Posted on | January 19, 2010 | 1 Comment
From the report: “The heaviest rainfall will spread into the area between 10 am and 8 pm on Wednesday. Rainfall rates will range from three-quarters of an inch to one inch per hour with local rates up to 1.50 inches per hour across south-facing slopes. Total rainfall accumulations will range from one inch to two inches over coasts and valleys with two to four inches in the mountains. Local amounts up to five inches are possible along south-facing slopes.
With the amount of instability with this system there is a high potential for strong thunderstorms to develop on Wednesday and Wednesday night. Some of the thunderstorms may produce hail, wind gusts in excess of 60 mph and torrential downpours.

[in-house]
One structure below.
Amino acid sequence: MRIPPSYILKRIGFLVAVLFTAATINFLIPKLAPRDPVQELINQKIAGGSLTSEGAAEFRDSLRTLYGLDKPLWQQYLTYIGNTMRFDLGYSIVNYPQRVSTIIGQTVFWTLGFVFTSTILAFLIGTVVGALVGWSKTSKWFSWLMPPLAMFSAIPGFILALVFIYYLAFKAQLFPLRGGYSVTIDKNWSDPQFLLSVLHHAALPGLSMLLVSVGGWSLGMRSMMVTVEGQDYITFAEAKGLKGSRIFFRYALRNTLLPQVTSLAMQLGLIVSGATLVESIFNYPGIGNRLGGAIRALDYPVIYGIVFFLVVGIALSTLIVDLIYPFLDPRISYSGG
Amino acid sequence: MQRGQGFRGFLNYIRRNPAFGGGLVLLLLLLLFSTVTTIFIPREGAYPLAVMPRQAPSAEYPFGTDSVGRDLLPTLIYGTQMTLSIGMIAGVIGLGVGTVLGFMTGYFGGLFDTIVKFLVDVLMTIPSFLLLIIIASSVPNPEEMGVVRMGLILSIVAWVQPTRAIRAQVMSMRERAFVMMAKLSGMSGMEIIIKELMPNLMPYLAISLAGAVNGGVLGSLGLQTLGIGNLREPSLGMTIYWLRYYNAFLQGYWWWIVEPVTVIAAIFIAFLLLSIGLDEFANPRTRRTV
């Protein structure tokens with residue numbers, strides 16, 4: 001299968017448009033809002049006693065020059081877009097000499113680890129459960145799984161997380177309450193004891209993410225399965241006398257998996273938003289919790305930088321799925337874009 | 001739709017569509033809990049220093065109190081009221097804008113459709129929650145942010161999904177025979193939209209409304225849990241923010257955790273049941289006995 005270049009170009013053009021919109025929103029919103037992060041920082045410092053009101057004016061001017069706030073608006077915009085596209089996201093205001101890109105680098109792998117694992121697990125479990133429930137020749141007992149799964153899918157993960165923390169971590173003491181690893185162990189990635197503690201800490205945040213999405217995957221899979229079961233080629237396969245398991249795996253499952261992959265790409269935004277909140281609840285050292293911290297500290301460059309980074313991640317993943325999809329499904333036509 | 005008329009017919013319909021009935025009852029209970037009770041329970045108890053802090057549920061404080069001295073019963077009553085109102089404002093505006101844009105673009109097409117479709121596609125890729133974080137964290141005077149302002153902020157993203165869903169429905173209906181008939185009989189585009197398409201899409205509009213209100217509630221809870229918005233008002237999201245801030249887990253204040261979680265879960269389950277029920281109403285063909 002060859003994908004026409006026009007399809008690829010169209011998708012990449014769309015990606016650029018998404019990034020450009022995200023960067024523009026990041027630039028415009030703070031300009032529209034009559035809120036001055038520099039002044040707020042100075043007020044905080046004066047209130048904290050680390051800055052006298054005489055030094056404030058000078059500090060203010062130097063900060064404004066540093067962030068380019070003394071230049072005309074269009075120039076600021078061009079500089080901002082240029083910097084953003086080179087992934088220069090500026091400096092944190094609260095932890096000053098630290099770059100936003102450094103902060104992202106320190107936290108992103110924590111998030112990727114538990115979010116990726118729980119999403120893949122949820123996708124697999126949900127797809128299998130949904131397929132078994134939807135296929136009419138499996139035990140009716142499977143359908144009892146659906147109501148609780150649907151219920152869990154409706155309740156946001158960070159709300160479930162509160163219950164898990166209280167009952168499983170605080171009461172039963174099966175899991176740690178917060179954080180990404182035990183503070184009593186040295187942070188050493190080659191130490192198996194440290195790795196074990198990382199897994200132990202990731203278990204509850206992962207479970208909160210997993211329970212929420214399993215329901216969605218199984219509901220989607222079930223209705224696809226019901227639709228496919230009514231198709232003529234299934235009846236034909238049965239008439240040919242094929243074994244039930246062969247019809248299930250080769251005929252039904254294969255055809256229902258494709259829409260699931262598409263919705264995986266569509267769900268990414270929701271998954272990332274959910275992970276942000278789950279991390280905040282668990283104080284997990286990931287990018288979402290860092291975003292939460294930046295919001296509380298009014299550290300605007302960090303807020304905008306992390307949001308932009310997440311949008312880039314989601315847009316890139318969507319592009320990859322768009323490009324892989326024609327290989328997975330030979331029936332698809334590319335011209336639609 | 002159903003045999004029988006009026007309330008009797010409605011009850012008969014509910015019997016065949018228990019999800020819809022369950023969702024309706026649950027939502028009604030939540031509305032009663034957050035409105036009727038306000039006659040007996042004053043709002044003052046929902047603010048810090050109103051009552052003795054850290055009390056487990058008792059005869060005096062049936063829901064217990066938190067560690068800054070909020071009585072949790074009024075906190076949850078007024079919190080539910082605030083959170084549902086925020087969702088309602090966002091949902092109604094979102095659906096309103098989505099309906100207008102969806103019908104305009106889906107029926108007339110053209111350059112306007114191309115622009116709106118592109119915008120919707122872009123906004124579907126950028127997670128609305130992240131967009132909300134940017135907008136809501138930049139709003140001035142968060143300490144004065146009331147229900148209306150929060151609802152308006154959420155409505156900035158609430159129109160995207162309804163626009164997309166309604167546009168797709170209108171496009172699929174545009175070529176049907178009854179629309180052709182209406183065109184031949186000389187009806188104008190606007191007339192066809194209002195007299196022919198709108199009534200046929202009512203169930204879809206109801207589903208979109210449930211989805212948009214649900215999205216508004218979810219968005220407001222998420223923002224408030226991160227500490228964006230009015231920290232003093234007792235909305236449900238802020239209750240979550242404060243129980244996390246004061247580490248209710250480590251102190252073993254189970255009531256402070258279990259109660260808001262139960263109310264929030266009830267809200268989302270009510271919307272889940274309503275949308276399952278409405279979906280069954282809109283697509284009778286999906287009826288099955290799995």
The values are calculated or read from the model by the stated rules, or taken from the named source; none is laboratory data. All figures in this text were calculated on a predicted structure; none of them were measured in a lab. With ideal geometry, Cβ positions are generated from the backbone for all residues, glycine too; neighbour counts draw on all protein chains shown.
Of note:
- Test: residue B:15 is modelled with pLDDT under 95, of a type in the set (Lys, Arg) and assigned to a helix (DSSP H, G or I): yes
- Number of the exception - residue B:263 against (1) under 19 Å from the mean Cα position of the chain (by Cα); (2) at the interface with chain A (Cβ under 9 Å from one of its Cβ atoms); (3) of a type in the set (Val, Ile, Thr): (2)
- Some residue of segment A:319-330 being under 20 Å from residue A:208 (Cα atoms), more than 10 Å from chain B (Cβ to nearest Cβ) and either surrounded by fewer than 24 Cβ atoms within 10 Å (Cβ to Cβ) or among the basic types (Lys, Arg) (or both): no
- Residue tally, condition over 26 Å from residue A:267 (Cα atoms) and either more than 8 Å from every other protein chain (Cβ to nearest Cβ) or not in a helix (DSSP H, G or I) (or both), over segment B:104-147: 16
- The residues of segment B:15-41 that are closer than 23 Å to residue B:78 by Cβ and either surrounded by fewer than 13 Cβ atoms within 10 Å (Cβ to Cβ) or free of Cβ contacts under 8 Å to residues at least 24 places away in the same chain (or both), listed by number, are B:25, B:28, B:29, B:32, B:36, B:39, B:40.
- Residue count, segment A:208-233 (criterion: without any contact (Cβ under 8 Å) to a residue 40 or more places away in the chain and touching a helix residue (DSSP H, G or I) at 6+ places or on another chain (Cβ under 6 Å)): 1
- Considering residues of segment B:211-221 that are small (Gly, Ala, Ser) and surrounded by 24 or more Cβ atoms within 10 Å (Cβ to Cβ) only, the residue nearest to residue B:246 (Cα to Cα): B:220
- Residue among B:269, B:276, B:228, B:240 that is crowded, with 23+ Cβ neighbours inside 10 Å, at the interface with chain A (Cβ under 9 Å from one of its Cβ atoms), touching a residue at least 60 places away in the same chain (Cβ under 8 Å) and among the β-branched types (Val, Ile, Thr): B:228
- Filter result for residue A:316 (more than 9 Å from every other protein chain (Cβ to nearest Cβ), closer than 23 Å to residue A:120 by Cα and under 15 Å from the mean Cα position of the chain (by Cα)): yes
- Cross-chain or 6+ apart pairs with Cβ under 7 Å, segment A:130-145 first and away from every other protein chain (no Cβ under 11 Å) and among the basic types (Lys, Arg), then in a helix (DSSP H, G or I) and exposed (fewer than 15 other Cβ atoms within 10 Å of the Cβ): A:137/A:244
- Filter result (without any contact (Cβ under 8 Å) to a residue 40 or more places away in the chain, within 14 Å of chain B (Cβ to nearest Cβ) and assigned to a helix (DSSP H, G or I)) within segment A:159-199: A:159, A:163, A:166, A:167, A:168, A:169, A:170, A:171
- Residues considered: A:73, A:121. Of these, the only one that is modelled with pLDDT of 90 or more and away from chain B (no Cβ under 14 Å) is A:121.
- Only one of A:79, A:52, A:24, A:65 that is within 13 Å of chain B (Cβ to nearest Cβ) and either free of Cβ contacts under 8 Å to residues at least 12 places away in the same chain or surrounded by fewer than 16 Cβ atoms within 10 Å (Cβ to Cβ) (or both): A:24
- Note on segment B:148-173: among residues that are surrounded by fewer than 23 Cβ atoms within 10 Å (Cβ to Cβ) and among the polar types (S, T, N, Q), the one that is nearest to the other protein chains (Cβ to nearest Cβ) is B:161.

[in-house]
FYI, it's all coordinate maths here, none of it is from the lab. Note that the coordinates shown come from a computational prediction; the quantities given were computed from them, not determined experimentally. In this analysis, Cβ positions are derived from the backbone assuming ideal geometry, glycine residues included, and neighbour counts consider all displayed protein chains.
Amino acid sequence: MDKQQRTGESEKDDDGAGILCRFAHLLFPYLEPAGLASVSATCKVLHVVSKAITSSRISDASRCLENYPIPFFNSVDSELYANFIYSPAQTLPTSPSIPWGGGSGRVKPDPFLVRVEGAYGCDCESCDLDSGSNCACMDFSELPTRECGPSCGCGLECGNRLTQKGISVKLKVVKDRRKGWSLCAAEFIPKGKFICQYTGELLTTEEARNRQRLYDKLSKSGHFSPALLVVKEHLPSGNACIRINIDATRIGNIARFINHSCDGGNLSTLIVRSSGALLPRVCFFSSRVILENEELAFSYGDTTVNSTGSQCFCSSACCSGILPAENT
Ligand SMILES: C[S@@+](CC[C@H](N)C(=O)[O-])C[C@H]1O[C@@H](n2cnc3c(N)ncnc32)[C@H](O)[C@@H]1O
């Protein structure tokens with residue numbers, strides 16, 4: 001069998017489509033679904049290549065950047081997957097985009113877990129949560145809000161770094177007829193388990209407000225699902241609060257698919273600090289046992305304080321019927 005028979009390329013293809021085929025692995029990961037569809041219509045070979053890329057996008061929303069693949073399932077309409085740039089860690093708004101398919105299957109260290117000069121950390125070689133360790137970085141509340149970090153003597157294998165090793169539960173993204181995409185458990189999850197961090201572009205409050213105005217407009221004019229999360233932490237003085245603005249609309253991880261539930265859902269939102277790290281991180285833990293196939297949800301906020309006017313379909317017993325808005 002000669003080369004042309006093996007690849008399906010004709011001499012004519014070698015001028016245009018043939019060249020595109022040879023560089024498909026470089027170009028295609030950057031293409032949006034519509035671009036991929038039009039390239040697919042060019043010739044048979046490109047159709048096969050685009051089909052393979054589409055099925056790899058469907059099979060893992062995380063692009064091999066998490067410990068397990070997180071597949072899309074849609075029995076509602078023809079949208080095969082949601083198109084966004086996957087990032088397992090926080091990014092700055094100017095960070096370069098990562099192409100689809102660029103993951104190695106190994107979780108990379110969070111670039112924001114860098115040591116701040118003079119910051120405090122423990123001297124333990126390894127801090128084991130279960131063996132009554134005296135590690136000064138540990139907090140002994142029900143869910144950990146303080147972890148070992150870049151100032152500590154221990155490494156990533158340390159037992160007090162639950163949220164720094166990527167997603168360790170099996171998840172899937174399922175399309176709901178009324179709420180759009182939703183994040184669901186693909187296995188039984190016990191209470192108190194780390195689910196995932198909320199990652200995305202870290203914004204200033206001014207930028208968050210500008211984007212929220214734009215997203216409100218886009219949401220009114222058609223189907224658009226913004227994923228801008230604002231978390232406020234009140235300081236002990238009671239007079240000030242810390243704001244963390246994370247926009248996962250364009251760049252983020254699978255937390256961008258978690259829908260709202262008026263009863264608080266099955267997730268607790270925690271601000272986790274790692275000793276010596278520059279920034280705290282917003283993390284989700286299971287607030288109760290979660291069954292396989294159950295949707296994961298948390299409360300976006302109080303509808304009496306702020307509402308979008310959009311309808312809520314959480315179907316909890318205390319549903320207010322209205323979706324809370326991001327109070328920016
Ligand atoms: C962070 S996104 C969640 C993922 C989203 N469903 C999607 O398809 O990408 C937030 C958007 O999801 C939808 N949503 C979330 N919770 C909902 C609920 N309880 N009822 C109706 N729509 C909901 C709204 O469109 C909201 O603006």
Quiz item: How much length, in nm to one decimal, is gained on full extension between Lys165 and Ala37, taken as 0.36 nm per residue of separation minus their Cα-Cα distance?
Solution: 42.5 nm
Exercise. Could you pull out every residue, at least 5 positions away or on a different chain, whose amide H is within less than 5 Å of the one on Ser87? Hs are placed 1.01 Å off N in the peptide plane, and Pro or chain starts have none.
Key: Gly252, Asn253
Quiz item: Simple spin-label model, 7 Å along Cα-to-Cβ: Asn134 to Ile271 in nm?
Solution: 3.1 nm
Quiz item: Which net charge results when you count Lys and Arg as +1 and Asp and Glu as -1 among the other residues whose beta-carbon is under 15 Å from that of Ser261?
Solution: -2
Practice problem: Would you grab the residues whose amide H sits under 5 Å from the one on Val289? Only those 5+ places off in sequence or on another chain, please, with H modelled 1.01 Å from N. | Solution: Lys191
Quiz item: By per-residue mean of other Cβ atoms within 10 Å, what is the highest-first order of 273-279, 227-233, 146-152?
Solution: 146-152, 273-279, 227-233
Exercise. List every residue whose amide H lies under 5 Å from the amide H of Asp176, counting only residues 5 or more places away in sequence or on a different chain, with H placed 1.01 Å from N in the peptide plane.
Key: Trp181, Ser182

Atmospheric conditions will also be favorable for isolated weak tornadoes, which could form over land or move ashore after forming as waterspouts. Very strong and potentially damaging winds are also possible over the area on Wednesday through night. By Wednesday night it could be highly possible of many storm reports of downed tree limbs and branches area-wide. Some coastal and valley areas may be unusually affected by strong and potentially damaging winds. This powerful storm has the potential to bring some the strongest winds we have seen in over a decade to much of southwest California. Click here to keep reading the National Weather Service advisory. Images from the National Weather Service. Type: graphical precipitation forecasts for January 20, 2010 (top) and a five-day total (bottom). Click on either image to enlarge it.
This post has been updated.